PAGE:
3 3. The group should first set aside jar A as the control jar. Fill jar A with pond water. Groups will then make different solutions with materials in each of the jars. It is extremely important that they keeping a log of exactly what material was added to each jar and how much of that material was added. In two of the jars, add more than one material to the creek water. 4. Once the groups have completed their solutions, they should privately determine and record the conductivity of each jar. If they are not pleased with the outcome, they are allowed to make one modification. 5. Have groups rotate tables, so they are working with unknown solutions. They should begin by first making a hypothesis of the order of the conductivity jars from high to low conductivity. Next, the group should test each jar s water conductivity, and compare it to the creek water s conductivity with no additions (the control). Groups should compare their hypothesis to their results and determine how accurate their hypothesis was. The group should check their answers with those recorded on the log of the first group. 6. Once the groups have completed their testing, have the class rank all the jars in order of increasing conductivity. Discuss what material additions lower conductivity? 7. Look in logs and determine which pollutants or materials impacted conductivity. Assessment/Evaluation: 1. The Conductivity Worksheet (5.1) may be used in assessing the student s knowledge and understanding of conductivity and the importance of this parameter in evaluating water quality. 2. The student s logs, for Activity 2, may be used in assessing the student s knowledge of the impact of pollutants on conductivity. Resources: Storm Drain Dumping Lesson Plan Grade Level: 5 TH 6 TH Students will develop an awareness of what happens to water contaminated through neighborhood runoffs. U.S. Environmental Protection Agency (EPA) What is Nonpoint Source (NPS) Pollution? Questions and Answers U.S. Environmental Protection Agency (EPA) Nonpoint Source Pollution: The Nation s Largest Water Quality Problem Texas Watch Monitoring Manual 4

4 Directions: Calibrating the Conductivity Meter Step 1 Step 2 Step 3 Step 4 Step 5 Step 6 Step 7 Step 8 Step 9 Remove the cap from the conductivity meter. Rinse the beaker and meter twice with a small volume of conductivity standard. Drip the meter in the solution up to the immersion level (the dark line around the lower part of the meter). Never dip the meter further than that line. Gently stir and wait a few seconds. In order to be sure there are no air bubbles trapped on the bottom of the probe, hold the beaker and meter over your head. If there are bubbles, tap the probe on the side of the beaker while the bottom of the probe is still under water. Turn the power on. Wait approximately 2 minutes to allow the meter to compensate for the temperature. Notice that the reading will be inaccurate if the meter is resting on the bottom of the beaker. Be sure to hold the meter away from the beakers bottom. After two minutes, read and record the meter reading. If the conductivity meter is not the same value as the standard solution, adjust the meter using the screwdriver provided in the kit. The calibration screw is located on the back of the meter, and while adjusting the meter, remember that there should be no bubbles on the meter, nor should the meter be touching the bottom or sides of the container. The meter should be adjusted to read the same value as the value of the standard solution (1440 microsiemens). Turn off the meter. Shake the excess standard solution from the meter and replace the cap. 5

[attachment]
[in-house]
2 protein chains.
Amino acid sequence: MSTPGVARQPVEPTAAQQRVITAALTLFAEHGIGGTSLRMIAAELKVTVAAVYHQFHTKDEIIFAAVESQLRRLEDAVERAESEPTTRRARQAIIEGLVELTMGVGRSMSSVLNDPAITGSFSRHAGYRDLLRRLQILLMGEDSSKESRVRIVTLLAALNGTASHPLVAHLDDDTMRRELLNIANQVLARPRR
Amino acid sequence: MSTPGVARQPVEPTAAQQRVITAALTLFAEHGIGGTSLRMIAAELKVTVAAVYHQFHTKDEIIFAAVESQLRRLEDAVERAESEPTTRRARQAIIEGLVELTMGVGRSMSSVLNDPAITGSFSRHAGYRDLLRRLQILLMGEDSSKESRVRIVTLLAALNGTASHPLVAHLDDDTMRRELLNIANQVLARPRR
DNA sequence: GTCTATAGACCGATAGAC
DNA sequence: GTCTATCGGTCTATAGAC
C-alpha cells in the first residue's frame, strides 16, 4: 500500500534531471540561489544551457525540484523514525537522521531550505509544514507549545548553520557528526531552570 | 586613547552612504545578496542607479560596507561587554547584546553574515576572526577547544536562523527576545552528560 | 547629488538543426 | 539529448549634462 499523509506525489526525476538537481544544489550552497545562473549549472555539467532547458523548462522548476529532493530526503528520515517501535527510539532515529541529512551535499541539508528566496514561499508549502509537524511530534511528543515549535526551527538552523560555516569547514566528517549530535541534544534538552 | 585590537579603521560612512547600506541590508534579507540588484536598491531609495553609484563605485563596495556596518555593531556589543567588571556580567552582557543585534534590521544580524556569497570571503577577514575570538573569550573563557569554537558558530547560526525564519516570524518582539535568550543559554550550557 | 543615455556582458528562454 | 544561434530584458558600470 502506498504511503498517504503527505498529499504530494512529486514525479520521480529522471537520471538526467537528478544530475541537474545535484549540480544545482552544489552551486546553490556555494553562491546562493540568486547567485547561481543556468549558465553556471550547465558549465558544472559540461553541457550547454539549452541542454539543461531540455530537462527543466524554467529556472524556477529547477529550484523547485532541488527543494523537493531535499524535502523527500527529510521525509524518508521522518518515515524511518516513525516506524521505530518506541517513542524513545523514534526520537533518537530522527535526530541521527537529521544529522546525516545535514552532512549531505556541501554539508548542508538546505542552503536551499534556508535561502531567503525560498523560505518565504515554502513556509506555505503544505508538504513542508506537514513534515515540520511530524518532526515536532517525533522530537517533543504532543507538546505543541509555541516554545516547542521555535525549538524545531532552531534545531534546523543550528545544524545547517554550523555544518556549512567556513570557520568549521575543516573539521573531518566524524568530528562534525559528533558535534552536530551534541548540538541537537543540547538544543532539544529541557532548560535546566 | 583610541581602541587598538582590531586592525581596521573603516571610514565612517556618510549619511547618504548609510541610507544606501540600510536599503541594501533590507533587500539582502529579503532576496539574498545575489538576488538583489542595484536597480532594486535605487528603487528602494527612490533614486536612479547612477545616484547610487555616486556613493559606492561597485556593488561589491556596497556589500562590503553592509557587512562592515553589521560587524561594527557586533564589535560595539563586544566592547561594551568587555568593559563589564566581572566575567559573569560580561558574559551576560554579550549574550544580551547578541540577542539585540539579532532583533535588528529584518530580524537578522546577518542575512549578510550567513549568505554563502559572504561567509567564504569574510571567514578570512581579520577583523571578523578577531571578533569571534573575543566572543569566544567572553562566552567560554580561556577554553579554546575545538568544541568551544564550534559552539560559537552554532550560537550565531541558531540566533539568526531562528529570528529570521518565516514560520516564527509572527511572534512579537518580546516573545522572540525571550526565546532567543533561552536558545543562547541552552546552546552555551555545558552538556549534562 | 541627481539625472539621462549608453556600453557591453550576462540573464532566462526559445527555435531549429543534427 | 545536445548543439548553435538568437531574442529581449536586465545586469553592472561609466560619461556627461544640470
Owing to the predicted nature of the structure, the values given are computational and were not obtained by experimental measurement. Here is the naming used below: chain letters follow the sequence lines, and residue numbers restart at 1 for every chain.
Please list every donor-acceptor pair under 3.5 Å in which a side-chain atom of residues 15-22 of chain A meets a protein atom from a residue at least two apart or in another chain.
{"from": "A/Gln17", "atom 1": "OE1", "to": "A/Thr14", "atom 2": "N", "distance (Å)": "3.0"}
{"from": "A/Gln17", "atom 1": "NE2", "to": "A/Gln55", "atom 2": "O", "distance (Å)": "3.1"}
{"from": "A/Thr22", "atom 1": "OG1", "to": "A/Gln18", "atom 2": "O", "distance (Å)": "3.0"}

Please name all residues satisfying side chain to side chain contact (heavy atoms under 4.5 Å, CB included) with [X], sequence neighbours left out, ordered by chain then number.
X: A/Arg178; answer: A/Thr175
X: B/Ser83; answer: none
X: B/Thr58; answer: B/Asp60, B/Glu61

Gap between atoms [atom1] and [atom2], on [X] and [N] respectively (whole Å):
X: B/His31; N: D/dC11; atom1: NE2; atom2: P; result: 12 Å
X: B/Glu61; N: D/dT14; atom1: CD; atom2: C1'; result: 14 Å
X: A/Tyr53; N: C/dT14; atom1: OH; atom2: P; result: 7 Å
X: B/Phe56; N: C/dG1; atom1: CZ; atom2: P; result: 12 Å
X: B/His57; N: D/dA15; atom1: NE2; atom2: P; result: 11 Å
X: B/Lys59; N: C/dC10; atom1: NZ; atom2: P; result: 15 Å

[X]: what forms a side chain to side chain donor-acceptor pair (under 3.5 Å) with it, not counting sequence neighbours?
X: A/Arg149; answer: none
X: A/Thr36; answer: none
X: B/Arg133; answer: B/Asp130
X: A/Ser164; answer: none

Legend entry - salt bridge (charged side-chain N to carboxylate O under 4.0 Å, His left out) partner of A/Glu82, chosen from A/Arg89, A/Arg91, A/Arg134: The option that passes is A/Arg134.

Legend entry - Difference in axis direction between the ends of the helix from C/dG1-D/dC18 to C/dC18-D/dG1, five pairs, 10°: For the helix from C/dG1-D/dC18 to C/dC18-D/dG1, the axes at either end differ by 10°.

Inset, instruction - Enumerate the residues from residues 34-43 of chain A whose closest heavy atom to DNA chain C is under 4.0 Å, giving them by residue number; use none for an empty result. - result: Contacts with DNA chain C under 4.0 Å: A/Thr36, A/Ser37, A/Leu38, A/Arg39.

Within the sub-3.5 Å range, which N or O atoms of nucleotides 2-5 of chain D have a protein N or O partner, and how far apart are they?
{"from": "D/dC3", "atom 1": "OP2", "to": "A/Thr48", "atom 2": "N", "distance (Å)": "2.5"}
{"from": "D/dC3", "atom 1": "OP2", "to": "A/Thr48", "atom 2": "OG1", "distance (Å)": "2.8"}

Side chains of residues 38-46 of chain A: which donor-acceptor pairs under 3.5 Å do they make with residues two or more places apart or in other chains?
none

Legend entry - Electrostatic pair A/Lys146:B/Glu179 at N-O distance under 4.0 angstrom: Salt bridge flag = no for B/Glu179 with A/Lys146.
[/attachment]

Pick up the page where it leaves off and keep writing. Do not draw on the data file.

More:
5 Conductivity Test Procedures Step 1 Step 2 Step 3 Step 4 Rinse the sample beaker and the meter twice with the water to be sampled. (Make sure you have removed the cap from the meter before rinsing.) Collect the sample. Swirl the meter in the sample five times. Check the bottom of the meter to be sure there are no air bubbles trapped. If there are air bubbles, tap the bottom of the meter against the side of the beaker until the bubbles float up. Turn on the meter now and wait 1 ½ minutes and read and record the display on the meter. Be sure the meter is at least one centimeter above the bottom of the beaker during the 1-½ minutes. Also be sure that the sample and the meter are out of direct sunlight or wind. Record the reading. 6

6 Name: Date: Texas Watch Newsletter Worksheet 5.1 Conductivity Worksheet 1. What is the approximate range of conductivity in U.S. rivers? 2. What range of conductivity is necessary to support healthy inland fisheries? 3. Describe a situation that would result in decreased conductivity. 4. What is the salinity for saltwater? 5. List three sources of salt pollution and give two examples of the consequences. 6. Conductivity measures. 7. As the level of total dissolved solids rise, does the conductivity reading increase or decrease?. 8. Explain in your own words the significance for testing conductivity. 7